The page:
Comics/Graphic Novels

6 of the Best Nonfiction Comics for YA Readers

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Kelly Jensen


Kelly is a former librarian and a long-time blogger at STACKED. She's the editor/author of (DON'T) CALL ME CRAZY: 33 VOICES START THE CONVERSATION ABOUT MENTAL HEALTH and the editor/author of HERE WE ARE: FEMINISM FOR THE REAL WORLD. Her next book, BODY TALK, will publish in Fall 2020. Follow her on Instagram @heykellyjensen.

This list of nonfiction YA comics was originally published in our YA newsletter, What’s Up in YA? Sign up for it here to get YA news, reviews, deals, and more!

I don’t know about you, but I’ve found a lot of comfort and solace in reading comics this year. Maybe because I’m drawn in by gorgeous art or a storyline that proves to move swiftly (or both!), I’ve been unable to get enough comic reading in.

Since this month I’m highlighting YA nonfiction, why not take a gander at some great nonfiction comics for YA readers?

Almost American Girl by Robin Ha

Robin was born in South Korea and was raised by a single mother. The two of them had a tight bond when she was young but it got a little more challenging when her mother announced that she was getting married to a man in Huntsville, Alabama, and they would become permanent immigrants to the USA. Not speaking English, Robin is completely challenged in her new school with learning and communicating with classmates, and more, she’s lost those connections to her friends back in Korea…and her connection with comics. But when Robin’s mom enrolls her in a comics creation class, she finds herself suddenly able to develop a new friendship and rekindle her love of comics, reading, and being wholly herself.

This graphic memoir is gorgeous and a fabulous read and, bonus, there’s some humor!

Amazons, Abolitionists, and Activists: A Graphic History of Women’s Fight For Their Rights by Mikki Kendall and A. D’Amico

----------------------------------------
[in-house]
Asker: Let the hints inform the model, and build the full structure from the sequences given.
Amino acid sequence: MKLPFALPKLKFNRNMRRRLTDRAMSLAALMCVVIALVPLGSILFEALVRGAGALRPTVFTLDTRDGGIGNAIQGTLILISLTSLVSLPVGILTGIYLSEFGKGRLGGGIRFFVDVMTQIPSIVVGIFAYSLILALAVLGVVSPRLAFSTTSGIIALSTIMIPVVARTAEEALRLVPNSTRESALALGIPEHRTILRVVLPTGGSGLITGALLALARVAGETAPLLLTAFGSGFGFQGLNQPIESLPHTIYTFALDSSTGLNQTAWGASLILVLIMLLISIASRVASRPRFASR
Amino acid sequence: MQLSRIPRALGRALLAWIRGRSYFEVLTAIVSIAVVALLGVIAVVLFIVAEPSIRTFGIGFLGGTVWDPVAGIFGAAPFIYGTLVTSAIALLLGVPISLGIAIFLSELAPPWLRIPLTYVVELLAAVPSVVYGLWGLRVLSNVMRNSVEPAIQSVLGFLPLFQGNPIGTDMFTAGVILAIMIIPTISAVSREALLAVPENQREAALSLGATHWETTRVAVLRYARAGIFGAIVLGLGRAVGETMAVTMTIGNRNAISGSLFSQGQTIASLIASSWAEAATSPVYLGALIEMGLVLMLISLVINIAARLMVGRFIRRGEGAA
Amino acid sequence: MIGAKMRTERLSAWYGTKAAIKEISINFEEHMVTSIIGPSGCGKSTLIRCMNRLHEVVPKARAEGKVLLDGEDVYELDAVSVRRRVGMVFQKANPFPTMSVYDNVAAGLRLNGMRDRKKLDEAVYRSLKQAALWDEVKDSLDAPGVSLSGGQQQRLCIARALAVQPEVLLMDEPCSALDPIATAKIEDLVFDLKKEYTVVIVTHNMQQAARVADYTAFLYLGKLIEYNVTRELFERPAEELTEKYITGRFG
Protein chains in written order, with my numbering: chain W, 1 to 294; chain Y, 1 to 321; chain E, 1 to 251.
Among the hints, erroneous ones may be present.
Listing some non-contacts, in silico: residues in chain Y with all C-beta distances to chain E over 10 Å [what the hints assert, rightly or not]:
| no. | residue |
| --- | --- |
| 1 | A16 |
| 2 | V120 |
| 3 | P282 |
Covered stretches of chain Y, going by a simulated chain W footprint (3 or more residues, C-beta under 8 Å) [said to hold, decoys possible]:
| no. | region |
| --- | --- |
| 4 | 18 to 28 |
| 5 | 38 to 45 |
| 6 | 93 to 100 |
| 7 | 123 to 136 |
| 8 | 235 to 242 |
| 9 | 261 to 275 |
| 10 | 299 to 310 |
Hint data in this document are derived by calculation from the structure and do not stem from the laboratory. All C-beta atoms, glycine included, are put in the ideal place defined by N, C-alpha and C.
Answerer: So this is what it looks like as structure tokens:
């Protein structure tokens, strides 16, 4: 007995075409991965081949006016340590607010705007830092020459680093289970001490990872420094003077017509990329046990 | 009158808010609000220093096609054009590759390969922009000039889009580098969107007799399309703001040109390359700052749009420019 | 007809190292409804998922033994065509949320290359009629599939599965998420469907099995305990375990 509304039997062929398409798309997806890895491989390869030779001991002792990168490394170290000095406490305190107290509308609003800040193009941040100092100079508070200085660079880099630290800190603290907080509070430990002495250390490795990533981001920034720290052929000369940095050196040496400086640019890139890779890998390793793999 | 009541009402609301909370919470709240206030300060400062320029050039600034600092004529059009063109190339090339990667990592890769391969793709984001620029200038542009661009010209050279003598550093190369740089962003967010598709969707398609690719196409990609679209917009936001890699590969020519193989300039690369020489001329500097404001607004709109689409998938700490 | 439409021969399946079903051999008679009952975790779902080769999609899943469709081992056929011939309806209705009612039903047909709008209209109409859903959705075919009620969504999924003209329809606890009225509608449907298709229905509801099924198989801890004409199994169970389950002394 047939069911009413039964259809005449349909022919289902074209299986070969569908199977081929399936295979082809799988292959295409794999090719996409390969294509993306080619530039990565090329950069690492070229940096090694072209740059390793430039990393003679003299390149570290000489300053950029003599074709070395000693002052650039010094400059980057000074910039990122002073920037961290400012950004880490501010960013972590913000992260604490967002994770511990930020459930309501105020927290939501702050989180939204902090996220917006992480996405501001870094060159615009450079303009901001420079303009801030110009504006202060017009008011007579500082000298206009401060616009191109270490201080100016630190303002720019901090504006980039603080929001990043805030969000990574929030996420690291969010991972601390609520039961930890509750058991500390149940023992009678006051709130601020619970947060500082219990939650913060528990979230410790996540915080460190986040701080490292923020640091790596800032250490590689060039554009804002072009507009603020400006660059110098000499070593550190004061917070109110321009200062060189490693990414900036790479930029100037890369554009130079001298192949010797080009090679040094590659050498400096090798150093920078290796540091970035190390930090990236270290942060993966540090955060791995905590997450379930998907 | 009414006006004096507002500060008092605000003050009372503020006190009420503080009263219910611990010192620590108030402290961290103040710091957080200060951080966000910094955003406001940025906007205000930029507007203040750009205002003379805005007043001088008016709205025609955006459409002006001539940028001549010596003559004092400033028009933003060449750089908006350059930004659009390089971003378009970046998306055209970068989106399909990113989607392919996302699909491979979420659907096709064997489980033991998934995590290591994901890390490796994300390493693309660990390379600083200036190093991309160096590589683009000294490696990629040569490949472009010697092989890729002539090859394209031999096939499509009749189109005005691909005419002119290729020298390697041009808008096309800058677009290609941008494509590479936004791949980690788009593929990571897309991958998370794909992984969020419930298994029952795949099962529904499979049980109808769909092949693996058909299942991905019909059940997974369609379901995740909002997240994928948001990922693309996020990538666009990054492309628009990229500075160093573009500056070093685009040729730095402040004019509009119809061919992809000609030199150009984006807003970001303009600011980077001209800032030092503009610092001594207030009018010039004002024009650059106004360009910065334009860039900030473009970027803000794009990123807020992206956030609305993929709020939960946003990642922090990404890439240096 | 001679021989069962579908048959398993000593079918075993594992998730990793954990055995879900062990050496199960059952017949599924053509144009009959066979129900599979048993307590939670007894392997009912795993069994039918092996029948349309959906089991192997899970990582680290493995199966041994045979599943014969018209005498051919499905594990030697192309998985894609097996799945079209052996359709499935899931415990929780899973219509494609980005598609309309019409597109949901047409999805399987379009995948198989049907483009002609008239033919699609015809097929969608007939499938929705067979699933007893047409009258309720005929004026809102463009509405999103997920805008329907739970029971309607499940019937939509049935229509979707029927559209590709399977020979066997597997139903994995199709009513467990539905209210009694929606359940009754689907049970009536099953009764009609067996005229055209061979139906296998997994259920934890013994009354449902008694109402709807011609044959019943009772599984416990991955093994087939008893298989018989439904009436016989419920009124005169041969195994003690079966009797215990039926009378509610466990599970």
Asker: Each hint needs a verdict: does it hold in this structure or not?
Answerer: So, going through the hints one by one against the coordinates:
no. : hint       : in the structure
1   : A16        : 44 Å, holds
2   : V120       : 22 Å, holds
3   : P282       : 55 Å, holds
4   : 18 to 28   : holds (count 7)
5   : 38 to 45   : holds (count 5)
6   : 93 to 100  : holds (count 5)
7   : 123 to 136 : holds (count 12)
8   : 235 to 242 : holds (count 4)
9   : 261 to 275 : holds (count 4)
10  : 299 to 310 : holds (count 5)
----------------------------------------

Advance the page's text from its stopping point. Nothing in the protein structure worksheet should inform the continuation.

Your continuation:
This graphic primer is essential reading for understanding the fight for suffrage and women’s rights more broadly. Where so many books focus heavily on the work done by white women, Kendall highlights women of color who made tremendous strides not only in the fight for the right to vote, but also for labor, civil rights, LGBTQ rights, abolition, and more. An outstanding look at the past, present, and future of the rights for people of all genders.

Brazen: Rebel Ladies Who Rocked the World

Brazen: Rebel Ladies Who Rocked the World by Pénélope Bagieu

Speaking of books about women through history, Bagieu’s collective biography offers a broad scope of the accomplishments, achievements, and work women have done throughout history. If you’re looking for work in translation by an author/artist who is wickedly talented, you’ll want to pick this up ASAP.

Dragon Hoops by Gene Luen Yang

Gene never liked sports growing up, but at the school where he works, basketball is all the community can talk about. The varsity team this year is on a hot streak and close to entering the California State Championships. The book follows as Gene gets to know the team, the players, and their passion for the game, which forever changes his understanding of why sports become such a meaningful piece of a person’s life.

And, of course, Gene’s art is simply spectacular.

Drowned City: Hurricane Katrina and New Orleans by Don Brown

Brown has made a name for himself with outstanding graphic nonfiction that highlights a moment in history worth exploring more deeply. In this book, he focuses in on Hurricane Katrina and the devastation left in its wake in New Orleans. Not only does the book highlight the acts of hope and heroism that came from the storm, but Brown doesn’t shy away from the realities of racism and incompetence that made the storm’s impact harm some communities much more than others.

If this book captivates you, pick up one of Brown’s other YA nonfiction comics: The Great American Dust Bowl, The Unwanted: Stories of the Syrian Refugees, or Fever Year: The Killer Flu of 1918.

We'll Soon Be Home Again

We’ll Soon Be Home Again by Jessica Bab Bonde, Pete Bergting, Kathryn Renta, and Sunshine Barbito

Told from first person points of view, this graphic nonfiction book highlights the stories of six Holocaust survivors. These narratives come from survivor stories and don’t shy away from the tragic realities of life in concentration camps, mass murder, and the dehumanization all around them.

This is a heavy read but a necessary one.

What makes nonfiction comics so compelling is that they offer a way into so many lives. The art enhances the stories, making them immersive, urgent, and timely, no matter when or where they’re set.